The generation of innovations has traditionally been attributed to research organizations while the farmer’s own potential for the development of innovative solutions has largely been neglected. However, producers are by definition true innovators as demonstrated by the story of the Ramsaroop family in the Caribbean island of Trinidad.
Chemraj Ramsaroop and his wife Sita have achieved exceptional crop yields and improved their connections to markets, despite lacking formal education and without any external technical support. They have demonstrated their inventiveness and capacity for hard work facing their limitations in a creative way.
This couple farms a 6-hectare plot in the locality of Freeport, about 30 miles south of Port of Spain, the country’s capital. The Ramsaroop own a quarter hectare while the rest of the land is rented from the government. This makes agriculture a risky business because they need to ensure a good harvest to sell to be able to continuously afford their land.
The physical characteristics of their plot also pose severe limitations to crop production. Decades of intensive sugarcane cultivation without crop rotation and with substantial use of chemical fertilizers have exhausted the land. Also, the acidic soils made up of heavy and compact clays get flooded during the rainy season and become dry and cracked during the dry season.
Despite these limitations, the Ramsaroop’s farm is highly diversified. Besides several vegetable crops they also grow cassava, one of the main staple foods in the country and thus with a guaranteed market. Cassava demands a high quantity of manual labor, especially during planting and harvesting times. However, there is limited availability of labor in the rural areas of Trinidad and, when available, it is much too expensive to afford. In light of their circumstances, the Ramsaroop needed to invest in agricultural machinery to work the heavy soils.
Agriculture and farming equipment in general is unaffordable and frequently unsuitable for most smallholder farmers in the Caribbean. Mechanized systems for cassava have been developed in Brazil and Thailand, but these are hard to come by in Trinidad. Mechanical planter prototypes have been developed in Colombia by the research consortium CLAYUCA with promising results. However, their use is recommended for farms larger than 30 hectares to recover the costs of investing in the equipment.
The Ramsaroop overcame the difficulties with their outstanding creativity, management skills, and hard work. Despite his limited formal education, Mr. Ramsaroop has become an expert in agriculture machinery having designed, adapted and modified the farm equipment to suit the conditions of his land. From recycled materials, he has developed a plough, a blower, a planter, a harvester, and a cane mill. His new cassava reaper is an original design. He is in the process of development an innovative tool that will facilitate planting cassava along with seed crops, while simultaneously applying the fertilizers.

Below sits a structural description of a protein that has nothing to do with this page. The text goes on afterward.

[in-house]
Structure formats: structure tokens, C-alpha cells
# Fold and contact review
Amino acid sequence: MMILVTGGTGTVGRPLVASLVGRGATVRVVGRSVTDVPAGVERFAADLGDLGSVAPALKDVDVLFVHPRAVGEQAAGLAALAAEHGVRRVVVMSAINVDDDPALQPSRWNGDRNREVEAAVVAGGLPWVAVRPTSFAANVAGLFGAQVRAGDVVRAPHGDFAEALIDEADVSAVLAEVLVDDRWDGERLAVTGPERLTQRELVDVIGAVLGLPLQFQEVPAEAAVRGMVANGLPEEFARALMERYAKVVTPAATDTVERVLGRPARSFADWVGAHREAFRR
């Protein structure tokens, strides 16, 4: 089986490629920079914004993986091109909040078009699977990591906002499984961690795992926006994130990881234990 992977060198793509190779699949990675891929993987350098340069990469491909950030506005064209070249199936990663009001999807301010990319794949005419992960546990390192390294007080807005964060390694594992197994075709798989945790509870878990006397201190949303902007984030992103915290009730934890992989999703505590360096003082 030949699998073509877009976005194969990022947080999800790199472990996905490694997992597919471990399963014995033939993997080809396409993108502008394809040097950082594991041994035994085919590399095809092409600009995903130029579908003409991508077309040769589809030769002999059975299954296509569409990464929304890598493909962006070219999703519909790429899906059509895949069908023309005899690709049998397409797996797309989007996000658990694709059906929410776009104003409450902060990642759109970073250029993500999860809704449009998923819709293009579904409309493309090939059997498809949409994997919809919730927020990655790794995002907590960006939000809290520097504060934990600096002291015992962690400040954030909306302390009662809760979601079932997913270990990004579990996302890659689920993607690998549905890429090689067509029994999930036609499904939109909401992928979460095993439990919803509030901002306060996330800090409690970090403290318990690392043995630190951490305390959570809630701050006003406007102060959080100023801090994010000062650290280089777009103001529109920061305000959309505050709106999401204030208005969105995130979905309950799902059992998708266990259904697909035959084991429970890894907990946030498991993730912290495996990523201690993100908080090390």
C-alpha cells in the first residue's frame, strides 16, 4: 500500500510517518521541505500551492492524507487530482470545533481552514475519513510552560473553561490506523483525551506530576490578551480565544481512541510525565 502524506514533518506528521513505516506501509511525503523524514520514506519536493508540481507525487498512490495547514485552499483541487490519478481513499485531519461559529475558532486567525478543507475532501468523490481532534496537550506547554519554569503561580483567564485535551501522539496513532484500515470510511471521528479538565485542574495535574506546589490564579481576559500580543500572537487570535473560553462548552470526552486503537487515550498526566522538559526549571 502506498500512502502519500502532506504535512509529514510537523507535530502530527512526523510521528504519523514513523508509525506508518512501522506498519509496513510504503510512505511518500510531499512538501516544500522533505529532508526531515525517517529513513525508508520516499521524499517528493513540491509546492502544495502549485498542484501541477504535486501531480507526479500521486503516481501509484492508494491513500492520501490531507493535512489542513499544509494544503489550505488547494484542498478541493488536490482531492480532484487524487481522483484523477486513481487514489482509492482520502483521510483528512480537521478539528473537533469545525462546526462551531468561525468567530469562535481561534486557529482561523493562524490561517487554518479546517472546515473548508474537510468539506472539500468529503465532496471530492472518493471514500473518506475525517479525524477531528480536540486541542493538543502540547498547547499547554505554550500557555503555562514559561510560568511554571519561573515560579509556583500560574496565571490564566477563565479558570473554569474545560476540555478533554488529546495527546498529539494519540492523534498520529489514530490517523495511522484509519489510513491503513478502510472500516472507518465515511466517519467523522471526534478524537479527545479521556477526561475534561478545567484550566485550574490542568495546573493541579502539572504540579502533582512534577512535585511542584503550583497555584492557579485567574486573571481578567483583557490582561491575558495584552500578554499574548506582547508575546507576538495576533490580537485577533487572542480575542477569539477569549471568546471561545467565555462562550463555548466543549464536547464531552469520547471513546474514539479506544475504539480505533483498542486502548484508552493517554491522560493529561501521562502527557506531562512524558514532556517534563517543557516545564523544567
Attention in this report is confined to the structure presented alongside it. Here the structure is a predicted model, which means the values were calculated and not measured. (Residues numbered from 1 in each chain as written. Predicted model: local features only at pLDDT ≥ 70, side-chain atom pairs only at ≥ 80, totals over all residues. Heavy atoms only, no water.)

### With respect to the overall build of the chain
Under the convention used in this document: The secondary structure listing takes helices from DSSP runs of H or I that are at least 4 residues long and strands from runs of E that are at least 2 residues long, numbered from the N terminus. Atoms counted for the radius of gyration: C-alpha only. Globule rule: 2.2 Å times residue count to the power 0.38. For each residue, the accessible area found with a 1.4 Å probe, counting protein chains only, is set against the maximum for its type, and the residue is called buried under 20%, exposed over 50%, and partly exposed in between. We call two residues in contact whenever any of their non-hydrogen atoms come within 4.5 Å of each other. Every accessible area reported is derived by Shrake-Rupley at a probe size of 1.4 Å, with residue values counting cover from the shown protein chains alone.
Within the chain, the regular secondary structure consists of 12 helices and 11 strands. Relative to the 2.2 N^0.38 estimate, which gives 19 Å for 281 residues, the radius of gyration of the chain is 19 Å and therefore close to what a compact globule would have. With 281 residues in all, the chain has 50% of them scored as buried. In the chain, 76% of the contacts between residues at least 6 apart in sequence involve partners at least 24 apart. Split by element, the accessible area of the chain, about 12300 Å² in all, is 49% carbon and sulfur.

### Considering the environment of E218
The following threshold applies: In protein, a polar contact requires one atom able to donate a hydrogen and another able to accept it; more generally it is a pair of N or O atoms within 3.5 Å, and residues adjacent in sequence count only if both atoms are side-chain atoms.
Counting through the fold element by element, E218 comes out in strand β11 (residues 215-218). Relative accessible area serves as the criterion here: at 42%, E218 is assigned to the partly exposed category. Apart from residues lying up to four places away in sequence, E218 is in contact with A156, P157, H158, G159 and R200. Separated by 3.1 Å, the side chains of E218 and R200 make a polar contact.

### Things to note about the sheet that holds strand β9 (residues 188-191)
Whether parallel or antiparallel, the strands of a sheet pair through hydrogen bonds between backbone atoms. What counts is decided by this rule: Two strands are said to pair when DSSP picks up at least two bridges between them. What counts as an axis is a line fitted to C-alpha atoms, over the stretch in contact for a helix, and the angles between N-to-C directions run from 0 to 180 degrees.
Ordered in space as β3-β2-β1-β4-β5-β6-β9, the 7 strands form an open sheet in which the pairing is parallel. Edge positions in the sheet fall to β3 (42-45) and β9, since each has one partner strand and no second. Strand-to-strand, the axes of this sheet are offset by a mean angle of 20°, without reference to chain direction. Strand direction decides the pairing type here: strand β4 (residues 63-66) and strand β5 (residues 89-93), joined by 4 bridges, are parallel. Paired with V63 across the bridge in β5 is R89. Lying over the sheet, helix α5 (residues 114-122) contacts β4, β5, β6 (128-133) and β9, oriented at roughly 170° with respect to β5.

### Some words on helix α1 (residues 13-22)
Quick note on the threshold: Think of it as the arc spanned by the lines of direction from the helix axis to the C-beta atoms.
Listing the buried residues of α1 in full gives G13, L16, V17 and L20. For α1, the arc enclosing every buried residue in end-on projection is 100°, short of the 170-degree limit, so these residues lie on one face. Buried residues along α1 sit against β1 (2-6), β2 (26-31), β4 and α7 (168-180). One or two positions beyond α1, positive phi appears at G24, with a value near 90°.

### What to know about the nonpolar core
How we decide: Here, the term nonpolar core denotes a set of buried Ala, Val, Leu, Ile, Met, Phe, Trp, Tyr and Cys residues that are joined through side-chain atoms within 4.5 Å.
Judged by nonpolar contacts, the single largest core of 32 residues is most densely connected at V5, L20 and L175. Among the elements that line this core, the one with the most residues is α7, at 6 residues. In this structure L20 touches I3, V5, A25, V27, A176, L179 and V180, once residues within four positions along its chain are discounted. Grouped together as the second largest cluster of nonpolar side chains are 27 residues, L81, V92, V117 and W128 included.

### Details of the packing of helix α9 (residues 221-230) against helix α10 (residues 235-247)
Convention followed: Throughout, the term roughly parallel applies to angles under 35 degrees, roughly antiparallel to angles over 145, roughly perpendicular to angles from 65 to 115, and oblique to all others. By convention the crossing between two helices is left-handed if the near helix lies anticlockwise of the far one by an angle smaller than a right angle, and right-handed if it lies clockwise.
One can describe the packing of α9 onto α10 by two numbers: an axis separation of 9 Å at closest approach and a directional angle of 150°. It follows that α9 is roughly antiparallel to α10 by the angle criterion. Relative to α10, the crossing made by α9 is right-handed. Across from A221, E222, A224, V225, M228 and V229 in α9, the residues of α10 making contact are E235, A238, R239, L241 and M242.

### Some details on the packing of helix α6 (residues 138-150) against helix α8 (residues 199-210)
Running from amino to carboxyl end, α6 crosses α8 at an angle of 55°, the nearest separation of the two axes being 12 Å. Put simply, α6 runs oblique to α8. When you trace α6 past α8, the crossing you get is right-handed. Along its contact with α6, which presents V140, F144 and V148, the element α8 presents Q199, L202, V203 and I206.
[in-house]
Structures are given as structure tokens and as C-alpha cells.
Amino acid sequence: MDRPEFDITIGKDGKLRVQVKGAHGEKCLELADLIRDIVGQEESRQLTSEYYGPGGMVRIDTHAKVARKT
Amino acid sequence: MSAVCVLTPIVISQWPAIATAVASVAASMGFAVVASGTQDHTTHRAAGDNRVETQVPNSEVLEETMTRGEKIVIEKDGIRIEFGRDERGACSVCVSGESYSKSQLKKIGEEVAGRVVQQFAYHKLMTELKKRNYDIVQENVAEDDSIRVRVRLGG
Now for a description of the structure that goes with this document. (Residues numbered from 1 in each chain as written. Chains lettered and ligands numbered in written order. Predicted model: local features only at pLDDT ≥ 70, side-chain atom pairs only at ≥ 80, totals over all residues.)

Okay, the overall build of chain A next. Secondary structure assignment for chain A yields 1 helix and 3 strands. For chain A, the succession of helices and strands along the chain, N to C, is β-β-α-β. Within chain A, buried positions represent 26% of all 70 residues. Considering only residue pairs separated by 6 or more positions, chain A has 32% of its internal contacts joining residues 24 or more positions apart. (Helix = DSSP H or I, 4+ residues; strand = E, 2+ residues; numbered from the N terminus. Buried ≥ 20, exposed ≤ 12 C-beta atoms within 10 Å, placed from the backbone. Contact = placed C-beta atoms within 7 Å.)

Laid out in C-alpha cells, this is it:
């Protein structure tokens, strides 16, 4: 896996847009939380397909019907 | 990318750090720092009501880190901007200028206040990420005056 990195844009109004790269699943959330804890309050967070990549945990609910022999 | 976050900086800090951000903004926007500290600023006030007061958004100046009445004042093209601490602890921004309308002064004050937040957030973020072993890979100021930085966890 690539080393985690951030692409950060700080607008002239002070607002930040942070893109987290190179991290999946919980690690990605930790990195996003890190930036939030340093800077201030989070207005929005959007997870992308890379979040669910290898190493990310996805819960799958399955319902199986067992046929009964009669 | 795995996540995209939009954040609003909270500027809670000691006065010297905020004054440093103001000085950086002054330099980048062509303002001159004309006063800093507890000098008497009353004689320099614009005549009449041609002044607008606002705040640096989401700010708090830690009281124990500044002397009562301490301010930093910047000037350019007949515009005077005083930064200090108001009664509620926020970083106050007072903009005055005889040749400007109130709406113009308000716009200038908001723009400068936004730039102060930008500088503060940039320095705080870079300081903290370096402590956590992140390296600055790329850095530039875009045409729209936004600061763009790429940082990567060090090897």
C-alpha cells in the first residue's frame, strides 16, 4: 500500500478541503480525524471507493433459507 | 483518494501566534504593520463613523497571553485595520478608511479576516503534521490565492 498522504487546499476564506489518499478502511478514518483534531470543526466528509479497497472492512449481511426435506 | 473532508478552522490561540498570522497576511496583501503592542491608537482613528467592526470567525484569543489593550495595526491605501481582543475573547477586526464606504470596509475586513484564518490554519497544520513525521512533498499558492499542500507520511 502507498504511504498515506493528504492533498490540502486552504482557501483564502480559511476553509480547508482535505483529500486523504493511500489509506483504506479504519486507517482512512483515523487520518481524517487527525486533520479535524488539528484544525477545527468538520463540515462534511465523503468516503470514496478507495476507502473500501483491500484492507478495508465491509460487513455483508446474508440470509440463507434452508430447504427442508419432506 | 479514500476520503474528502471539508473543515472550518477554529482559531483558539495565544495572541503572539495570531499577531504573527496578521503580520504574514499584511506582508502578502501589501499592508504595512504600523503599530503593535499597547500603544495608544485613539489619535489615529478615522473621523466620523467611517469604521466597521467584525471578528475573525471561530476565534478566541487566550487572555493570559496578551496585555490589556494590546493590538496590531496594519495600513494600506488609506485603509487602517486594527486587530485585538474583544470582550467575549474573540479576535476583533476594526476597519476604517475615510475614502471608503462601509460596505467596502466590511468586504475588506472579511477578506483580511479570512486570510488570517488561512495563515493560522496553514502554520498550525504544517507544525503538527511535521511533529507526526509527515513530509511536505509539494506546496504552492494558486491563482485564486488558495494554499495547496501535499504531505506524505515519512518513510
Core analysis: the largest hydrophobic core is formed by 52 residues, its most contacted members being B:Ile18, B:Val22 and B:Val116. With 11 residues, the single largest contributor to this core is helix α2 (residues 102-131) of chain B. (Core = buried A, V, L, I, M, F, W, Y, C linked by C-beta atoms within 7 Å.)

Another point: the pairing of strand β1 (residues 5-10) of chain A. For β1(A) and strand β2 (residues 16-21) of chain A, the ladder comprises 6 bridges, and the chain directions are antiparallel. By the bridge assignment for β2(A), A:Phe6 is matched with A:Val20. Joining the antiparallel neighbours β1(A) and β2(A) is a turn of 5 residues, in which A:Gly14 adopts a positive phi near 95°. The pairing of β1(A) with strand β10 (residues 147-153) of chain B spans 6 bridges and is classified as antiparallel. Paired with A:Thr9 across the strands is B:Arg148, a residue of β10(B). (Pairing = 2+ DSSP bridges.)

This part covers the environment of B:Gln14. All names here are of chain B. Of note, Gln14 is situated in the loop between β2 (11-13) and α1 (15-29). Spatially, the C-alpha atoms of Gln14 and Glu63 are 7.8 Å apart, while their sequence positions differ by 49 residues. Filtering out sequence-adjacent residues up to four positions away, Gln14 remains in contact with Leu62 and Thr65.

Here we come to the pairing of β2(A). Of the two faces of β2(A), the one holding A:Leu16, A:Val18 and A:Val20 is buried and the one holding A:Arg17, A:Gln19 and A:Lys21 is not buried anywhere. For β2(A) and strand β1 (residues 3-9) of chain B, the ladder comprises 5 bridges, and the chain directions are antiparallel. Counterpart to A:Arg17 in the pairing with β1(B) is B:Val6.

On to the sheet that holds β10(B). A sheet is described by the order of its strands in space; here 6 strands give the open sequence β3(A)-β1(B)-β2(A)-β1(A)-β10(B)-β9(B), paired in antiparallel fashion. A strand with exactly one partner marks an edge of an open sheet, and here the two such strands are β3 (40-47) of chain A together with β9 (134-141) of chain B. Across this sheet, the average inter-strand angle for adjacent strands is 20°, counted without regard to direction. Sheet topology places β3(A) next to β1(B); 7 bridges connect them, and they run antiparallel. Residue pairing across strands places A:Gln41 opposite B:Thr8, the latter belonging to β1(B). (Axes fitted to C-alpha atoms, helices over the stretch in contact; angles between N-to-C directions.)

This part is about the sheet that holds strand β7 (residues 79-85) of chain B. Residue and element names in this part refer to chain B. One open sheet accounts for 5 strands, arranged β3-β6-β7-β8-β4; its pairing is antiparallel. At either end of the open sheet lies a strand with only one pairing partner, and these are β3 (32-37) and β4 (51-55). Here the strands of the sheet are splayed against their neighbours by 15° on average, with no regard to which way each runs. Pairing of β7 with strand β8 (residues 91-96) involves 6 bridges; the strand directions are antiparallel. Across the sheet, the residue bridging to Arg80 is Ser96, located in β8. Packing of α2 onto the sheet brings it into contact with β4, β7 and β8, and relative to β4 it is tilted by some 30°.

He indicates that his faring equipment is easy to maintain and repair, and above all, affordable.
Meanwhile, Mrs. Ramsaroop is also an innovator in the management of their family business, being in charge of the administrative and financial operations without any assistance. She organizes the vegetable production and sales that generate the important weekly income for the family needs. Earnings from monthly vegetable sales is used to supplement the annual income from selling cassava to the Trinidad and Tobago Agribusinesses Association (TTABA), where the tubers are processed.
On its own initiative, the Ramsaroop developed a technology package that sets them apart from other farmers. They are truly innovators when it comes to the use of agricultural machinery, an area that has very little support from the research and extension systems. The Ramsaroop operations generate US$2.14 for each dollar they invest, a good rate of return for small farmers producing under the conditions described.
The Ramsaroop acknowledge that their success is due to a combination of factors, including strong work ethics, good administrative skills, and team problem solving, as well as enthusiasm for their work. Success cases like the Ramsaroop demonstrate that inventiveness generates profitable business that provide income and contribute to food security.
Around the world, farmers are creating innovative, on-the-ground solutions for the problems they face each day: land degradation, resource depletion, crop loss, water scarcity, and weather volatility. Many of these ground-breaking ideas, such as the one featured, have great potential to be replicated and scaled out across the Caribbean region.
This story was adapted from the original published by FONTAGRO-IICA-BID in http://www.iica.int/sites/default/files/publications/files/2015/B3256i.pdf
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